You should choose a grip that feels the most comfortable and allows you to throw the ball as hard as possible. Staying healthy, locating well, and throwing hard are the keys to a successful fastball!
First, we’ll review some of the minor variations that pitchers use when they throw a four-seam fastball.
- Tilt and ball position – an inward or outward tilt or a lateral shift towards the pinky/glove side. We only typically see this is pitchers are trying to embrace more of a cut fastball profile. Another variable to consider is whether to place the fingers on-seam or off-seam.
- Fingertip pressure and cues
“Stay behind the ball,” “Pull the ball down,” “Apply more pressure on the ball,” “Hold the ball tighter,” “Pronate sooner.”
- Thumb Position – whether it’s below, slightly to the side, or the side of the baseball. The only difference between four-seam fastball grip is whether athletes have their thumb flat or tucked.
- Spike alterations – something we only see with different offspeed pitches, not with fastballs
- Depth of grip – a big part of grip comfort
Generally, the only differences we see with the pitch is whether the thumb is tucked or flat, along with the placement of the index and middle fingers on the ball.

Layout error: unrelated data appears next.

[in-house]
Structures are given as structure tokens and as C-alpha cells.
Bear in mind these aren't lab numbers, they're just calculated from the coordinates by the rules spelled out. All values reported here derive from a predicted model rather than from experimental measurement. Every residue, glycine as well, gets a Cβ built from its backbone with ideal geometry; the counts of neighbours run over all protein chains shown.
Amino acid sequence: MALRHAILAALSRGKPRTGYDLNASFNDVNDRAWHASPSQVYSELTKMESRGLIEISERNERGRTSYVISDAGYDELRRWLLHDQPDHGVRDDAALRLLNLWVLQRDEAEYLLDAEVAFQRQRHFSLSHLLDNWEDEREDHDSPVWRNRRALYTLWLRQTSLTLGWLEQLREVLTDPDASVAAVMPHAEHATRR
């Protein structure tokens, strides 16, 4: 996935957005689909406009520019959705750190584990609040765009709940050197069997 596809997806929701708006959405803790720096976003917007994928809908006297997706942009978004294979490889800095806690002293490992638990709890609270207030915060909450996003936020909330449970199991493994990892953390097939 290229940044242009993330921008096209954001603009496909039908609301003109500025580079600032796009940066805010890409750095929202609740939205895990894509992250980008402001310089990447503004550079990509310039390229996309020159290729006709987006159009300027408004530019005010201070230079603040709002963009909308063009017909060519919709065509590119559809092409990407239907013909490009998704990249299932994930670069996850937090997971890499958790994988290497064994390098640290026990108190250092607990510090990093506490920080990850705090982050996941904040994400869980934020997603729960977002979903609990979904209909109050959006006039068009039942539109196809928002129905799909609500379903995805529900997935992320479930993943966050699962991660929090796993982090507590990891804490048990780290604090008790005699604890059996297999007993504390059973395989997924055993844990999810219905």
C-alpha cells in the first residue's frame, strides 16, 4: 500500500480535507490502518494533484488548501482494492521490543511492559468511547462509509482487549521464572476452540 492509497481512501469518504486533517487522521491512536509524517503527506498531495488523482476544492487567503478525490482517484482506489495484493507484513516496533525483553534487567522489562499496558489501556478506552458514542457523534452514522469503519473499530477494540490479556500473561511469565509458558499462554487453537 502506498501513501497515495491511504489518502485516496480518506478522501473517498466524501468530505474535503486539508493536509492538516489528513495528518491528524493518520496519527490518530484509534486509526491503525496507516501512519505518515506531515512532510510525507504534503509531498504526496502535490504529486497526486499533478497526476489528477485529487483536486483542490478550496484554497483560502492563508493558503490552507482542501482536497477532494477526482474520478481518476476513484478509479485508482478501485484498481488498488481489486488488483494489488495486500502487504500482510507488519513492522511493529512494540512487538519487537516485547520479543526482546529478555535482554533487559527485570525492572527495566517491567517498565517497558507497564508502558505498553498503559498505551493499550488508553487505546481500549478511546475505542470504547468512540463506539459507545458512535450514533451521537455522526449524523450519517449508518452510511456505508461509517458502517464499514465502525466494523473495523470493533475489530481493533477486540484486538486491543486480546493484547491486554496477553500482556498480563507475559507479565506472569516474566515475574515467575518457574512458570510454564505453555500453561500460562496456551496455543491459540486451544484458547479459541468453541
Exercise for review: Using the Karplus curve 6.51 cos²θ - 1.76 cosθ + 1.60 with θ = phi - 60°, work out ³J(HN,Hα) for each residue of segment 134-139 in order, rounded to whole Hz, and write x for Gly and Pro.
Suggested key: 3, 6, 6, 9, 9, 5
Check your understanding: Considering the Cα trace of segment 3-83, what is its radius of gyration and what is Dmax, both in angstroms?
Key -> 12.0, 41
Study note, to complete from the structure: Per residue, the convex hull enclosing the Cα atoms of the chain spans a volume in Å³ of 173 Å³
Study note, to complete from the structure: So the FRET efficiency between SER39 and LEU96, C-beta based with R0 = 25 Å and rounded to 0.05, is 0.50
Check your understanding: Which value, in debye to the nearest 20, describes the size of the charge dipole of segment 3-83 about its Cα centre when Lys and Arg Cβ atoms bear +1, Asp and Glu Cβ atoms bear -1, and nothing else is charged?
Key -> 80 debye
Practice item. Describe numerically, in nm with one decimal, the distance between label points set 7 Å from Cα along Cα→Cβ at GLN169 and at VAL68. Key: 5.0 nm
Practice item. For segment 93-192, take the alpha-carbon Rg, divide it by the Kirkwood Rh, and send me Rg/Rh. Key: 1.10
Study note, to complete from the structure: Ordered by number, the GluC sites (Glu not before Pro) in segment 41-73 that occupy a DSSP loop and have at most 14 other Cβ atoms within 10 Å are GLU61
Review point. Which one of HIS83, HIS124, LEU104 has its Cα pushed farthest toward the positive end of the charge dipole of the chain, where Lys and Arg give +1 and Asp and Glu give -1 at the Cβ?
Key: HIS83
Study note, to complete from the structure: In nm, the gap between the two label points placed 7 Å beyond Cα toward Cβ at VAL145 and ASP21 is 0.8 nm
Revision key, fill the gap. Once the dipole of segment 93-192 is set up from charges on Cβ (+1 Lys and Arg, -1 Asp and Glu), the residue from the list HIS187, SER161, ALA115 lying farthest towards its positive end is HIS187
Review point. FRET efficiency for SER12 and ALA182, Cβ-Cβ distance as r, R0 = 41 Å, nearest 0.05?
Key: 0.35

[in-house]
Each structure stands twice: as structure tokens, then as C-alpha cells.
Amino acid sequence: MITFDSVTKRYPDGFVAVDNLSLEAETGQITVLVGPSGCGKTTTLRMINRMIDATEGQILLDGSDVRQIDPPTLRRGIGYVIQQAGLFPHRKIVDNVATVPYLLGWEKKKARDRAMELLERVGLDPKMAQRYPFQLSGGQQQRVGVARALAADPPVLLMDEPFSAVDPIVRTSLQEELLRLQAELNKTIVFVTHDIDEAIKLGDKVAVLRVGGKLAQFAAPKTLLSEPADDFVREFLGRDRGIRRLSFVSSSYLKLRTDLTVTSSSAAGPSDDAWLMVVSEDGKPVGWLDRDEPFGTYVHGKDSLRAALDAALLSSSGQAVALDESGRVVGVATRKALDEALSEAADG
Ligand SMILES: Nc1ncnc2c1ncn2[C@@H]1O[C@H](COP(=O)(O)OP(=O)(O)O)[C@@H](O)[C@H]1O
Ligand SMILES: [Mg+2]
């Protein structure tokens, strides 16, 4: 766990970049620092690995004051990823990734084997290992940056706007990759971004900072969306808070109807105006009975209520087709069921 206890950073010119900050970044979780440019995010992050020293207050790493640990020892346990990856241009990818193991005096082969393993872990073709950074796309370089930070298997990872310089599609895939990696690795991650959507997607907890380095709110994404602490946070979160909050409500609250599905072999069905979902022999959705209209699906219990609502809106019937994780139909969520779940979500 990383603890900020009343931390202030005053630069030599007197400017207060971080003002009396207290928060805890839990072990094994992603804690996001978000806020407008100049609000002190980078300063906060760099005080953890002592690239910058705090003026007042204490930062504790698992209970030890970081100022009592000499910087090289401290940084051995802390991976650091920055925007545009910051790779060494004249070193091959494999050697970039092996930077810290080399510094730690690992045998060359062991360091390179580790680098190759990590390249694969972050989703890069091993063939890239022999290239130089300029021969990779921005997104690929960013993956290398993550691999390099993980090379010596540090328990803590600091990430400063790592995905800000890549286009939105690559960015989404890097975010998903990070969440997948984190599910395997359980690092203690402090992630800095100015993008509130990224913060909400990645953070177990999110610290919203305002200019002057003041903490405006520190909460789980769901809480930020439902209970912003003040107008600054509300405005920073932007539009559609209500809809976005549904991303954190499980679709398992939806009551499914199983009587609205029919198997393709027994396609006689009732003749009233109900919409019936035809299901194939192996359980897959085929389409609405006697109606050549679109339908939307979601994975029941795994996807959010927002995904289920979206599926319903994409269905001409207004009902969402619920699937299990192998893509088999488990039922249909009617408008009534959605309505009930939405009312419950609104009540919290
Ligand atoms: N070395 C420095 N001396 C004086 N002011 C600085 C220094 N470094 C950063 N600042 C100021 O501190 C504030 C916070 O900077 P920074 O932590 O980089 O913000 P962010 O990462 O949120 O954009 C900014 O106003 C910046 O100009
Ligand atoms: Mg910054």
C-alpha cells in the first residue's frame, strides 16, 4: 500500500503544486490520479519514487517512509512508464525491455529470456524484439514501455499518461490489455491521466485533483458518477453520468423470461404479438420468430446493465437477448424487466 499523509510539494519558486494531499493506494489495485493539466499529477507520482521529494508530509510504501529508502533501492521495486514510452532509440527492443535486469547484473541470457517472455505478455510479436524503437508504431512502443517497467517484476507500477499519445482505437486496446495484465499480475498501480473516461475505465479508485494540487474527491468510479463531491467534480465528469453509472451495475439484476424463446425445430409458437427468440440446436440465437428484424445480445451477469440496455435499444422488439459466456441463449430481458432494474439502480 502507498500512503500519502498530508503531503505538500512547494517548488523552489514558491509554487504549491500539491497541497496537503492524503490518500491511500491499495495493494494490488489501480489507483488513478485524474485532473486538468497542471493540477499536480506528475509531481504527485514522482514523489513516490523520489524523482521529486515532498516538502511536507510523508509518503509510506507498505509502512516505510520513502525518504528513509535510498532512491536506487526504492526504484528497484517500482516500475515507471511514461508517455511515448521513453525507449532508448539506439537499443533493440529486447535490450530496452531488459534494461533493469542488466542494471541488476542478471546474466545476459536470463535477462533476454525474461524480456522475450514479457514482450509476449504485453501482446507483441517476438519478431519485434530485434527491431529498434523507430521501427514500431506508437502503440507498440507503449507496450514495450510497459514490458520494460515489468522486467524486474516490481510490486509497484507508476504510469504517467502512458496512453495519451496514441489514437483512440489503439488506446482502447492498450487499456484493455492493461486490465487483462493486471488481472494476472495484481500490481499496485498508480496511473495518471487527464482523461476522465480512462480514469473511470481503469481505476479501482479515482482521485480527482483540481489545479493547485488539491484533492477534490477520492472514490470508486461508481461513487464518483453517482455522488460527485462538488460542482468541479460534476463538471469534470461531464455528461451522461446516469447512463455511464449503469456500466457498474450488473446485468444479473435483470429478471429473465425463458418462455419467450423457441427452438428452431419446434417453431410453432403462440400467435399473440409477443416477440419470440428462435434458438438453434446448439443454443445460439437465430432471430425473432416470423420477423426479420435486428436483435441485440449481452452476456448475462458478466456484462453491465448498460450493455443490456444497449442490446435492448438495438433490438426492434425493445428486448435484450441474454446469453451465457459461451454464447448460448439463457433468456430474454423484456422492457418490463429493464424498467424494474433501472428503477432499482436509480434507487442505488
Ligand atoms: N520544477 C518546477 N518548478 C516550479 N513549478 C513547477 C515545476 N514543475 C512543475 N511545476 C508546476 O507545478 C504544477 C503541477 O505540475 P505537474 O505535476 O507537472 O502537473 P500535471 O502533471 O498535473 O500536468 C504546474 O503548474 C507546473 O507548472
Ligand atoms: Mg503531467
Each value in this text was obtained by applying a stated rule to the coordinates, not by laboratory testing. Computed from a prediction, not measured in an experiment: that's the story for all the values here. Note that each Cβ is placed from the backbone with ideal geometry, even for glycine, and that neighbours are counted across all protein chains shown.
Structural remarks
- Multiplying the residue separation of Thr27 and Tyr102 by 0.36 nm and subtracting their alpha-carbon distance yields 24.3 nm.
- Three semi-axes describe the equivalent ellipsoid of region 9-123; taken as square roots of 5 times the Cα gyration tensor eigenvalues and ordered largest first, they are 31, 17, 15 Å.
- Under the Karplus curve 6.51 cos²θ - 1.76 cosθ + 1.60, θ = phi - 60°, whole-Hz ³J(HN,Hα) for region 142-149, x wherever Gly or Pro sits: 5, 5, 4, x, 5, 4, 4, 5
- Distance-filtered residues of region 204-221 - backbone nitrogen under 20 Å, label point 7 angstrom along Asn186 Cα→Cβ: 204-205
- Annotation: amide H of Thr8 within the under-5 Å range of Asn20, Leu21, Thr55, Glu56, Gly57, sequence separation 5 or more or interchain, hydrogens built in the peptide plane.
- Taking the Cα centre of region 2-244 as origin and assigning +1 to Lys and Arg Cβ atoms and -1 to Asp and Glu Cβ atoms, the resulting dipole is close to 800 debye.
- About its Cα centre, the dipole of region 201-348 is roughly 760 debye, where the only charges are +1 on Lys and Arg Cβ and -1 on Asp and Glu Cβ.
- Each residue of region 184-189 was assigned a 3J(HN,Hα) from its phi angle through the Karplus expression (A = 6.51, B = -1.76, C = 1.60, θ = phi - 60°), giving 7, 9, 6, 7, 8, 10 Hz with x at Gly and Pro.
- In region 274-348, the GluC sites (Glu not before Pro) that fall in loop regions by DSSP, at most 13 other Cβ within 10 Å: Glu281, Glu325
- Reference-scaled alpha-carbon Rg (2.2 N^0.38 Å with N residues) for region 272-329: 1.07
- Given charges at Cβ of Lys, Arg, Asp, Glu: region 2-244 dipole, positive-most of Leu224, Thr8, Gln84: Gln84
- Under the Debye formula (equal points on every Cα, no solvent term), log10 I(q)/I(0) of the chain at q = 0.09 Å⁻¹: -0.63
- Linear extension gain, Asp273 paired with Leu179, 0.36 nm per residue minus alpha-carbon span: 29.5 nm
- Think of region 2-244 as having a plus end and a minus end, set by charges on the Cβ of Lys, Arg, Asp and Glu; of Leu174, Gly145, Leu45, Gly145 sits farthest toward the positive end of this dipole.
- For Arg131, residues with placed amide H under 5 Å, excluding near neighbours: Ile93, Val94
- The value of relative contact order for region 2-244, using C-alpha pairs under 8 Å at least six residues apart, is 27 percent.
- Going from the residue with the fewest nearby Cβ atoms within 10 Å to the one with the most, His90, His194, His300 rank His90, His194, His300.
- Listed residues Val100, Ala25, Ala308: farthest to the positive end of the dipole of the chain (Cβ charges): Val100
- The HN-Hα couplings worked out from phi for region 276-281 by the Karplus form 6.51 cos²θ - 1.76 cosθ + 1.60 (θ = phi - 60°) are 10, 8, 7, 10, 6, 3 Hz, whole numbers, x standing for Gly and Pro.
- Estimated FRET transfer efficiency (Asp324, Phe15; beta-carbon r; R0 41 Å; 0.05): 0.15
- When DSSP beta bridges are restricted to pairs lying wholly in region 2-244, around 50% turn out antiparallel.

Top Four Seam Fastball Grips
We recommend, that athletes start with the standard grip on the left and adjust based on their comfort, ability to command the pitch, and movement profile.
Standard 4 seam fastball grip: FF1
FF2 – fingers closer together or even pressed together
FF3 – fingers widen on the seams
With the “close grip,” the index and middle fingers are placed side by side and directly on the center of the ball.
Conversely, a wide grip has the index and middle fingers placed at positions stretched across the top of the baseball more widely than in our standard FF 1 grip.
Changing the Movement of a Four-Seam Fastball
Often, an athlete will have a comfortable grip but need some cueing to modify the pitch profile to their liking.